Confronting the Challenges of Food, Water, and Energy

Senior Fellow with the Brent Scowcroft Center Peter Engelke comments on the second panel of day two of the Strategic Foresight Forum, Building Up Resilience: Can the Upcoming Food-Water-Energy Crises Be Avoided?.

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At the Strategic Foresight Forum’s resiliency session, the panelists focused on how humankind can address food, water, and energy challenges ahead.  

The moderator, Eastwick Communication’s Michael Kanellos, kicked off the panel by framing the food/water/energy conundrum. Recurrent drought and food crises, he said, are signaling that we are facing an uncertain world going forward. But he also stressed that there is quite a bit of hope, in the renewables sector, for instance, and from advanced business sectors that are taking these issues seriously.

Frances Seymour, a forestry expert from the Center for Global Development, stressed how land use patterns are impacting the food, water, and energy nexus and climate change as well. We are losing quite a bit of forested land, globally. There are some myths involving deforestation. The first is that we have to cut down forests to increase agricultural production. Most yield gains come from intensification, not extensification. Moreover, forests provide food and income for local people. And of course forests serve broader ecological ends, for instance they protect watersheds. The second half truth is that biofuels are good for energy security. It is highly debatable whether using land for biofuels is the best use, even on narrow energy terms. But if you take into account the entire life cycle of biofuels, there is an enormous carbon footprint involved in biofuel production. Ms. Seymour emphasized that the greatest technological advance has been in ICT, which enables the tracking of land clearing, which helps in many ways – increasing visibility, tracking illegal logging and deforestation, and so on. 

Sonita Lontoh, a Silicon Valley greentech executive, opened by discussing how smart grids will be game-changing technologies in the twenty-first century. The 20th-century grid has not been modernized for a very long time. There is precedent for what Ms. Lontoh expects to happen to the grid, where the energy infrastructure will evolve from a centralized system to a decentralized one – the computer industry followed this pattern. A smart grid is the layering of intelligence across the energy value chain, from generation to consumption. Traditionally, energy is a one-way system, from generation to consumer, which results in inefficiencies and waste. The smart grid brings generation and consumption much closer together, through real-time monitoring, two-way communication, and decentralized production. Ultimately the smart grid will be key to creating the smart city and the so-called smart planet.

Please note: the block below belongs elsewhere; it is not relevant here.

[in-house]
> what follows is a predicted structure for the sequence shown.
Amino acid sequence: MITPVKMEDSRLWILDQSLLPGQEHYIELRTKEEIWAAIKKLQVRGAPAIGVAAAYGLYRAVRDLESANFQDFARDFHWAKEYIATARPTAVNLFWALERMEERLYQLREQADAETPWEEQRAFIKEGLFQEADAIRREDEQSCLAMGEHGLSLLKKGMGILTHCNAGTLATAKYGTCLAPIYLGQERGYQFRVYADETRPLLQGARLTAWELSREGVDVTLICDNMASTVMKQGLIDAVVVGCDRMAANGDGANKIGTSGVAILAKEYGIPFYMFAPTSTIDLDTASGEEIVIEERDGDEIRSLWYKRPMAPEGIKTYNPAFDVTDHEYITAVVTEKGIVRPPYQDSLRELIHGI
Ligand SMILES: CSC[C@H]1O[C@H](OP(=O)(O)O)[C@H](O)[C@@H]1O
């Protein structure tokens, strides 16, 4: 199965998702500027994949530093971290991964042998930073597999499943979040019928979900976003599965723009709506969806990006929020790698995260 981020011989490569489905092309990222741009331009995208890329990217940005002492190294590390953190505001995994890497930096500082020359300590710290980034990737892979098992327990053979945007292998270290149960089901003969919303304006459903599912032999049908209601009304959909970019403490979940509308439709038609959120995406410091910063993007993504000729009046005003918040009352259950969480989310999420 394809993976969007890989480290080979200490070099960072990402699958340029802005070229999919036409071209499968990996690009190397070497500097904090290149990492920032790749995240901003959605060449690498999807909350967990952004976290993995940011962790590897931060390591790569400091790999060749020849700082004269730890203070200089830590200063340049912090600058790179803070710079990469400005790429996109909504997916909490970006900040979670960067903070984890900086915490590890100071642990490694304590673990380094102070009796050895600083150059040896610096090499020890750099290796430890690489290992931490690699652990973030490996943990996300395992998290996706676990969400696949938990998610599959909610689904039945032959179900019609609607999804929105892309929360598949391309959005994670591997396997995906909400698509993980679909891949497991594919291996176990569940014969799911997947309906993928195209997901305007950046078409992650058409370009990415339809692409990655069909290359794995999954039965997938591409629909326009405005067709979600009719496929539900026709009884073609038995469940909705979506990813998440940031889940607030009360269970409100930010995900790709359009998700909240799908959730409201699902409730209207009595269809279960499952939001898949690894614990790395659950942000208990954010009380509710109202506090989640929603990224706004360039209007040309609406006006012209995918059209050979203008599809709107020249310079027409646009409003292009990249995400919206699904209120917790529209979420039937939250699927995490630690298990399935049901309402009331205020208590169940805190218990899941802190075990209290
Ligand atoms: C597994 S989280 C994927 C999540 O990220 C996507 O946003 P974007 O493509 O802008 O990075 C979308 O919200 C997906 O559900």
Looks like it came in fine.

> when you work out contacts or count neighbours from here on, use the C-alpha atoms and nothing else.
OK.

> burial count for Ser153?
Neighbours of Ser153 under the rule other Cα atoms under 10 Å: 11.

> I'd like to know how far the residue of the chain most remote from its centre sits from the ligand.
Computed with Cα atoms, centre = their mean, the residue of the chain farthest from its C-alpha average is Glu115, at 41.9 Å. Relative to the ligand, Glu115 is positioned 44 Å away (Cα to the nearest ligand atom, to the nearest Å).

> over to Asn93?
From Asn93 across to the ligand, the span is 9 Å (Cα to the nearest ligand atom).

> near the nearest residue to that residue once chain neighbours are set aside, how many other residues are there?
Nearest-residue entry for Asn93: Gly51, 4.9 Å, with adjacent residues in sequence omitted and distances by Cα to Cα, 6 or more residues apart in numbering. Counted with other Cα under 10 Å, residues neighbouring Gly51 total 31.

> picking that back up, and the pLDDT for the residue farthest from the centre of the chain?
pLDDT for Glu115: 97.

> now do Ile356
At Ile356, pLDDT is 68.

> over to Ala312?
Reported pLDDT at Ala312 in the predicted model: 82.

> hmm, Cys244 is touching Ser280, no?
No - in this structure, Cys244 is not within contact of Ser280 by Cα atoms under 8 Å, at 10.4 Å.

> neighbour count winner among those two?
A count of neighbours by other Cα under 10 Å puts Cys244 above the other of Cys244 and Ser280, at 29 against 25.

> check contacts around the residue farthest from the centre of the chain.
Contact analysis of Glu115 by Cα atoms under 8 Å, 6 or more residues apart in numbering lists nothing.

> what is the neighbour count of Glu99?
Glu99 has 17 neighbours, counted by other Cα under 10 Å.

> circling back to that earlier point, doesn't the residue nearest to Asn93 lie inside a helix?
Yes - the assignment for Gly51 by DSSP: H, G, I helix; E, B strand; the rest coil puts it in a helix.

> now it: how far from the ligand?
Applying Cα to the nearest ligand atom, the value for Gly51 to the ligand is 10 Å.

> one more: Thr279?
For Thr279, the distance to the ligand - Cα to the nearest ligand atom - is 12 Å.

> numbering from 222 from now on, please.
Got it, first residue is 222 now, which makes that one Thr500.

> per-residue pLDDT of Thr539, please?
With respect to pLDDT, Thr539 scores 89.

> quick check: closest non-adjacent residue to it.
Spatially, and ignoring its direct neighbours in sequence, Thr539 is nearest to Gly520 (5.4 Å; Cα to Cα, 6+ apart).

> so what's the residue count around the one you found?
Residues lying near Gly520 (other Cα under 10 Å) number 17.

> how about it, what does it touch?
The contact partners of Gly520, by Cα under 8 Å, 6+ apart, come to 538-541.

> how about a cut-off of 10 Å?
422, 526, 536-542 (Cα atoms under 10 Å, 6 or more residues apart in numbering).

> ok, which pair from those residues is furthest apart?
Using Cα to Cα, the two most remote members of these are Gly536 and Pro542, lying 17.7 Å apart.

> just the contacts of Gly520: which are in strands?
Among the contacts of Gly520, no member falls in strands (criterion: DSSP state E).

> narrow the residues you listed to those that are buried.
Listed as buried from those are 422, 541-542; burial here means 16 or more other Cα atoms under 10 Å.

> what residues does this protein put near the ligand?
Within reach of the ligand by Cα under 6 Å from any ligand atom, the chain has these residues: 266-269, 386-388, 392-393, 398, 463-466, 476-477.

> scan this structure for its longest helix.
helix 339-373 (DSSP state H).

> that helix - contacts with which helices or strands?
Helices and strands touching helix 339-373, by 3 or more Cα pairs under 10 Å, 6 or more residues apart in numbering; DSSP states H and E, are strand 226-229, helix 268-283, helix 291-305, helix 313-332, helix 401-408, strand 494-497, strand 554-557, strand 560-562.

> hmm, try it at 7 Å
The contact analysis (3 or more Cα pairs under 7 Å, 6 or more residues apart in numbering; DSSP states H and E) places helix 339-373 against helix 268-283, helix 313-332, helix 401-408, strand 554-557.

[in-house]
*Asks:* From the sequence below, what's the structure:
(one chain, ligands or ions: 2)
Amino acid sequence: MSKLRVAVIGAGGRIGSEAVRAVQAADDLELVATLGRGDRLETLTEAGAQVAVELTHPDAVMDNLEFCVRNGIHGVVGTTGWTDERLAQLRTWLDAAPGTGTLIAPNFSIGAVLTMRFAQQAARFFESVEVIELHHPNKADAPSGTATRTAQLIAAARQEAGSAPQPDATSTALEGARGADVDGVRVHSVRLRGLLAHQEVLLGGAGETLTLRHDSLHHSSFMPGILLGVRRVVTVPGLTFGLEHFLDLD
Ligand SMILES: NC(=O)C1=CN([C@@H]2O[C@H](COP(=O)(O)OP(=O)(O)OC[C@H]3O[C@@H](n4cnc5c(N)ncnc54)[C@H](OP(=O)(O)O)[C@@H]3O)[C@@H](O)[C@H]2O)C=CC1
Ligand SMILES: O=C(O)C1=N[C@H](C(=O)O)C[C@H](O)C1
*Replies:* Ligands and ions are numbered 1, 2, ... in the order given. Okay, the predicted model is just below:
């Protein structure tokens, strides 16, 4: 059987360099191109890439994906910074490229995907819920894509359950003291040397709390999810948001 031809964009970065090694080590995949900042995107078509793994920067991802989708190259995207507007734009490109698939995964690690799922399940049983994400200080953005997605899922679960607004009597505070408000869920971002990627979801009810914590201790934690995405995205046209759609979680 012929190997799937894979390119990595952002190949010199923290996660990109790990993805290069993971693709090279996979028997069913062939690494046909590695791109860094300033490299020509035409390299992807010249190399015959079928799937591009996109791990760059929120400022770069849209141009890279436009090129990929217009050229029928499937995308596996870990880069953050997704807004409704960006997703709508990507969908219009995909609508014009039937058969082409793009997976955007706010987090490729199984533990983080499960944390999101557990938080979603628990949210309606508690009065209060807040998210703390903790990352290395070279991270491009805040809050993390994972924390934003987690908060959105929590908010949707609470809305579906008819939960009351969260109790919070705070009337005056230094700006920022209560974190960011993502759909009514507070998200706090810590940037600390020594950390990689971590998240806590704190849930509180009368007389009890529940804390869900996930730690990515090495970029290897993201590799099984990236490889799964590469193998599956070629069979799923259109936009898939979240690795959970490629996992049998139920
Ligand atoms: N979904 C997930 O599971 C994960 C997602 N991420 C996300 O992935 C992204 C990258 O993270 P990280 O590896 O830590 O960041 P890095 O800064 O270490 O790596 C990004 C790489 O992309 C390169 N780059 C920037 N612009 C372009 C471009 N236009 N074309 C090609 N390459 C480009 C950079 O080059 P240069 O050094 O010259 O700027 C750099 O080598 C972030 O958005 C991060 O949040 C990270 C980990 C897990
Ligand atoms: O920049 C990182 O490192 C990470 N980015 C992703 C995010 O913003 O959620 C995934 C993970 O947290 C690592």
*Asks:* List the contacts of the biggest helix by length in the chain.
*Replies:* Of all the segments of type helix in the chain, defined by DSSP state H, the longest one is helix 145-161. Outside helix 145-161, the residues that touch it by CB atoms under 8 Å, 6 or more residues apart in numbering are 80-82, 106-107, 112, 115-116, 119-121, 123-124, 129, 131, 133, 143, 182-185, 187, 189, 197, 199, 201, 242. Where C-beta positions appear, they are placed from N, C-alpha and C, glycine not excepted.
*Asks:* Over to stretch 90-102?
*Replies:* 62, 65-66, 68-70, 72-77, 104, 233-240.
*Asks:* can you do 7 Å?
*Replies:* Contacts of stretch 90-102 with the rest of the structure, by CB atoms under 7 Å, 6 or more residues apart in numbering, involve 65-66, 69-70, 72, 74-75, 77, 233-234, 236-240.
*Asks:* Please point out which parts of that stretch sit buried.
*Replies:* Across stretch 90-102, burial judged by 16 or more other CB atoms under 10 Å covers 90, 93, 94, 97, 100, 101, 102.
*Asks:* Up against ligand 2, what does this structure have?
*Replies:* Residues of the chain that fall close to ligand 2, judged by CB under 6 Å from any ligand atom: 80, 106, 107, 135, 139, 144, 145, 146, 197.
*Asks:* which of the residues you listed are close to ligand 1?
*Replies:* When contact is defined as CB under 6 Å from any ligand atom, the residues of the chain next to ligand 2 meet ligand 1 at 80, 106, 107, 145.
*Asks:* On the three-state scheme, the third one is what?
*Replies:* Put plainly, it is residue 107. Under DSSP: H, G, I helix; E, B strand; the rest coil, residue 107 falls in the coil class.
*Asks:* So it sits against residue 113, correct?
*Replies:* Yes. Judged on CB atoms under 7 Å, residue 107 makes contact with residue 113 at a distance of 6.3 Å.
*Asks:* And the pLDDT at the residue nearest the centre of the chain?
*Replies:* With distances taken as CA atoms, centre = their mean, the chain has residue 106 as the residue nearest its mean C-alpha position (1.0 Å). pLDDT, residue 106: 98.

Jigar Shah, an author and founder of SunEdison, opened by recalling how the oil shocks of the 1970s affected US policymakers’ thinking. The US government tried all kinds of things to avoid reliving the downsides of those shocks. Yet here we are decades later, where we still feel powerless to deal with high oil prices. Part of the problem in the US is that the federal government got out of the infrastructure business, through pushing them onto monopolies and utilities. So now the federal government is at a loss as to how to change things. This is not the case in, say, China or Brazil. We have effectively outsourced these questions and thus the challenges to other actors. Now, commodities prices have risen over the past decade, although incomes in the US have not. So this is going to be a big driver of change, Mr. Shah argued. People don’t necessarily want to be green, rather people want to find ways out of these commodity traps. Mr. Shah’s work has emphasized how the private sector can fill the public sector gap and lead this transformation to a green infrastructure.

During the question and answer session, the panelists discussed how the pay for performance model might close some of the gaps ahead. Ms. Seymour observed that in the forestry sector, the pay for performance idea is under gestation in places like Indonesia, and while it’s early days yet as a global forestry model, the idea is promising. Rich countries can step up and build pay-for-performance models with national and sub-national governments in countries with tropical forests. Ms. Lontoh observed that in the energy sector, pay for performance is great, but penalty-based systems also can contribute, as has occurred in California since the 1970s with energy efficiency. The key is to put into place the right incentives to change behavior. Mr. Shah reacted to this discussion by saying that we should not overlook how activism by organizations such as Greenpeace, or local Brazilians who monitor forests, have made a lot of these issues transparent. 

One of the most intriguing questions was very basic: is technology good or bad for natural resources? Technology, the questioner asked, is always a double-edged sword. There are many implications around any technology set that is scaled, some of which are unintended. Mr. Shah pushed back on this framing, arguing that we have to frame the question through a simplification lens: shorten our food supply chains, for instance, so we use a lot less energy. We have to go toward a biomimicry-based system, where we mimic nature rather than fight it. Ms. Lontoh argued that technology may have some downsides, for instance through displacing workers, but it also creates new sectors and thus jobs. We need a new definition of labor productivity, shifting away from efficiency-based metrics to productivity-based ones. 

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